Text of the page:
The IT services market will enjoy only "moderate growth" over the next five years, industry experts predicted yesterday.
According to the latest research from IDC, the worldwide IT services market will increase to $489.8bn (£312bn) at a 6.7 per cent compound annual growth rate over the five-year period ending in 2007.
But the analyst warned that continuing economic and geopolitical concerns will hold back spending in the short term.
The IDC study, Worldwide IT Services Forecast and Analysis 2002-2007, predicts four per cent growth in 2003, although it explained that much of this will occur in the second half of the year as the global market continues to be plagued by depressed economies and sluggish business profits.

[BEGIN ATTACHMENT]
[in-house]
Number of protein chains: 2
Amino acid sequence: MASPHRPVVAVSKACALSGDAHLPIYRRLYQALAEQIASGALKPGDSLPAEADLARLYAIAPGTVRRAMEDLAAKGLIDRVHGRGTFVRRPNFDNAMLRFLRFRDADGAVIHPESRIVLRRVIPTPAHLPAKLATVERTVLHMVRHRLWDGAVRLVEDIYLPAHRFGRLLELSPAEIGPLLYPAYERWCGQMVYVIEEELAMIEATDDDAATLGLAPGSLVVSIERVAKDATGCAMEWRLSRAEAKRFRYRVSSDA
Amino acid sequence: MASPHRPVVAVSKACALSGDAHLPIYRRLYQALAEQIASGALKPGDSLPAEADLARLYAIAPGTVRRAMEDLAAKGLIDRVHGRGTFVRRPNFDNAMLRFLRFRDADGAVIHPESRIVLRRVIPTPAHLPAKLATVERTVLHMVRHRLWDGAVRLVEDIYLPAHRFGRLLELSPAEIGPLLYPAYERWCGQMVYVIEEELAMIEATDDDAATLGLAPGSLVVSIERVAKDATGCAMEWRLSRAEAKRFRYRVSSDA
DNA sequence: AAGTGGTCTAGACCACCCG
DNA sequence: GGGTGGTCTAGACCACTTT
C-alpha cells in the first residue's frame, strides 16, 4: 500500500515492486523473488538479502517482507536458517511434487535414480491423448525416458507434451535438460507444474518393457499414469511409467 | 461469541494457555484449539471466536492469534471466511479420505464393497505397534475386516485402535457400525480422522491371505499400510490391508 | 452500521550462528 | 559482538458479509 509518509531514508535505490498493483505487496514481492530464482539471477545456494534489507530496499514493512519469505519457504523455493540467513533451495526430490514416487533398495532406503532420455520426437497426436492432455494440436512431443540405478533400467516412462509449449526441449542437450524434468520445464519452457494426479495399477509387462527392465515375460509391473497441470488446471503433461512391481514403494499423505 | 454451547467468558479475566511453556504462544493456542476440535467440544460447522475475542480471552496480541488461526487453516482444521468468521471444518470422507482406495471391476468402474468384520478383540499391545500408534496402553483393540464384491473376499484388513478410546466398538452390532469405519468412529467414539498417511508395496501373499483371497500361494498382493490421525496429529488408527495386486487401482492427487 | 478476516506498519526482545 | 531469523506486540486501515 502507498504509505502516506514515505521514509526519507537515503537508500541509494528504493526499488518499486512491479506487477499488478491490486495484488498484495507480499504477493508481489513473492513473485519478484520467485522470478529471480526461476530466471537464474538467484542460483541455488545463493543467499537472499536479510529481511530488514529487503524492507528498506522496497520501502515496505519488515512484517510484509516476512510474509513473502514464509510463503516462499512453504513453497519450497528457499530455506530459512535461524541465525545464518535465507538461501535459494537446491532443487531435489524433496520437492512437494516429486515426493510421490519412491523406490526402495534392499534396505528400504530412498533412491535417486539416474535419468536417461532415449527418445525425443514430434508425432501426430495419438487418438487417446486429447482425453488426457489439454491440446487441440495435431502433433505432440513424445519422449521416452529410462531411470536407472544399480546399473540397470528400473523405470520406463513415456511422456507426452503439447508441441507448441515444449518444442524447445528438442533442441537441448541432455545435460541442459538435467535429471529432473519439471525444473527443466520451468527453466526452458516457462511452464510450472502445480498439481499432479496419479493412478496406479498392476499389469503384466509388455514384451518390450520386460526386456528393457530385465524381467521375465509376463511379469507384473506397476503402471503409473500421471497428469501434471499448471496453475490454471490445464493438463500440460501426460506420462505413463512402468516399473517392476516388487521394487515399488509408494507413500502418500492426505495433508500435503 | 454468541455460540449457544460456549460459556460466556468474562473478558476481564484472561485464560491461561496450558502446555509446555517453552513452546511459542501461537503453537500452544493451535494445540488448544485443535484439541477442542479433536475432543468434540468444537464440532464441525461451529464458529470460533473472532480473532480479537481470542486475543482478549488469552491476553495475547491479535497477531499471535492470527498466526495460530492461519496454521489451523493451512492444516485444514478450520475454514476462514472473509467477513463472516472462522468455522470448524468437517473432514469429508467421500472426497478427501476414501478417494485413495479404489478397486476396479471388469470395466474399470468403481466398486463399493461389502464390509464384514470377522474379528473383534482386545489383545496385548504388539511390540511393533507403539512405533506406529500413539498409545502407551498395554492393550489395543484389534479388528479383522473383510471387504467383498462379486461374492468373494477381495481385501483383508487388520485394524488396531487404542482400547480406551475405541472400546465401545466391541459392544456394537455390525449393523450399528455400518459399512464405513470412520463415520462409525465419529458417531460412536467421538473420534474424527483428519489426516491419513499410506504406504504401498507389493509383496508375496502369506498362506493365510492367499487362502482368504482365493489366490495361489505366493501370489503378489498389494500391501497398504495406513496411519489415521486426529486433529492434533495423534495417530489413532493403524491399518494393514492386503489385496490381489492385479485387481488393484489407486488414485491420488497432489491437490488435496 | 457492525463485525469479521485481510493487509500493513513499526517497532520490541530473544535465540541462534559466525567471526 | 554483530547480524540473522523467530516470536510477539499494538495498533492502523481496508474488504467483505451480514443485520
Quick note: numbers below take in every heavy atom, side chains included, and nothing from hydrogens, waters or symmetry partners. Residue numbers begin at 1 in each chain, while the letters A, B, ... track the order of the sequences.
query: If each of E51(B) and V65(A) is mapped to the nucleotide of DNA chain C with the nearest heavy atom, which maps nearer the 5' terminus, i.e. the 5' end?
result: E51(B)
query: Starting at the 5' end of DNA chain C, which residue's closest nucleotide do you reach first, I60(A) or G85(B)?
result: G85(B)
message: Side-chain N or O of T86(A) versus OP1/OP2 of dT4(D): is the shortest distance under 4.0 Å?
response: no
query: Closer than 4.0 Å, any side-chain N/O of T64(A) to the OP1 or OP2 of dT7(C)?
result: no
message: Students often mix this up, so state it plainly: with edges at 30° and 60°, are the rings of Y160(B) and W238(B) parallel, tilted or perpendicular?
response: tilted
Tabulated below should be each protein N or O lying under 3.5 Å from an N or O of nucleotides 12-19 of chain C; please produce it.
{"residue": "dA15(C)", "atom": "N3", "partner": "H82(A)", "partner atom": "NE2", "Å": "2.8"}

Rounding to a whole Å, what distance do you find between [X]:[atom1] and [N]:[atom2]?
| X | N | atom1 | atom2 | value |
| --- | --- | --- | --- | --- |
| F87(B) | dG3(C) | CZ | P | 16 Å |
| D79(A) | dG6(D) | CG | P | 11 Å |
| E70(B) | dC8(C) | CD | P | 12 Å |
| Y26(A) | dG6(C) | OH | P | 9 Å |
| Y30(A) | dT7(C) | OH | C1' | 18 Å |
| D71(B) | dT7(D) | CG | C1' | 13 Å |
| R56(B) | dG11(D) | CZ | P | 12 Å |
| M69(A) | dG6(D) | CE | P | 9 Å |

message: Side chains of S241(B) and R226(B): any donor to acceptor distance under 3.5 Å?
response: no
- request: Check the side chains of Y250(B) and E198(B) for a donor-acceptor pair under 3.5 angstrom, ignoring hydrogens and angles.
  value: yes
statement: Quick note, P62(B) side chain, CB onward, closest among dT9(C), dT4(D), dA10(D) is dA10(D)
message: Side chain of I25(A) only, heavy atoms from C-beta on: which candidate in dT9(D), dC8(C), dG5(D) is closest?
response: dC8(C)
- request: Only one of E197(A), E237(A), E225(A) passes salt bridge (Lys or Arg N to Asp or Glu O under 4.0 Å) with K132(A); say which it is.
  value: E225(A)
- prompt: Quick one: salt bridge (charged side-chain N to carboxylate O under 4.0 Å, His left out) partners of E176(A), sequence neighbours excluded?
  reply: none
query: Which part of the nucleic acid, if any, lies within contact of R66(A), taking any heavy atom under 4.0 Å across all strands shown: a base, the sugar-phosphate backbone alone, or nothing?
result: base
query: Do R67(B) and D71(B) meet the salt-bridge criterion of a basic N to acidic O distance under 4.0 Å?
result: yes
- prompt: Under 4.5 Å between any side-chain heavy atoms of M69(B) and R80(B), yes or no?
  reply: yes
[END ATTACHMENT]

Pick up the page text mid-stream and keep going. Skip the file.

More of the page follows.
"The prolonged global economic slowdown has dramatically accelerated structural changes in the IT services marketplace," said Ned May, programme manager for Worldwide Services at IDC.
"The end result is that many vendors must now scramble to remake and rebrand themselves to address the market's shifting priorities."
The research cited a lack of compelling emerging technologies to drive growth. IDC said that most IT services remain focused on either optimising prior investments or reducing costs in current IT environments.
Double legal trouble for Musk as he also faces civil lawsuit over renewed British pot-holer 'paedo' claims
Battery development could help boost performance of smartphones
Topological photonic chips promise a more robust option for scalable quantum computers
In quantum physics both the chicken and the egg can come first, claim University of Queensland researchers
Cause-and-effect is not always straightforward in quantum physics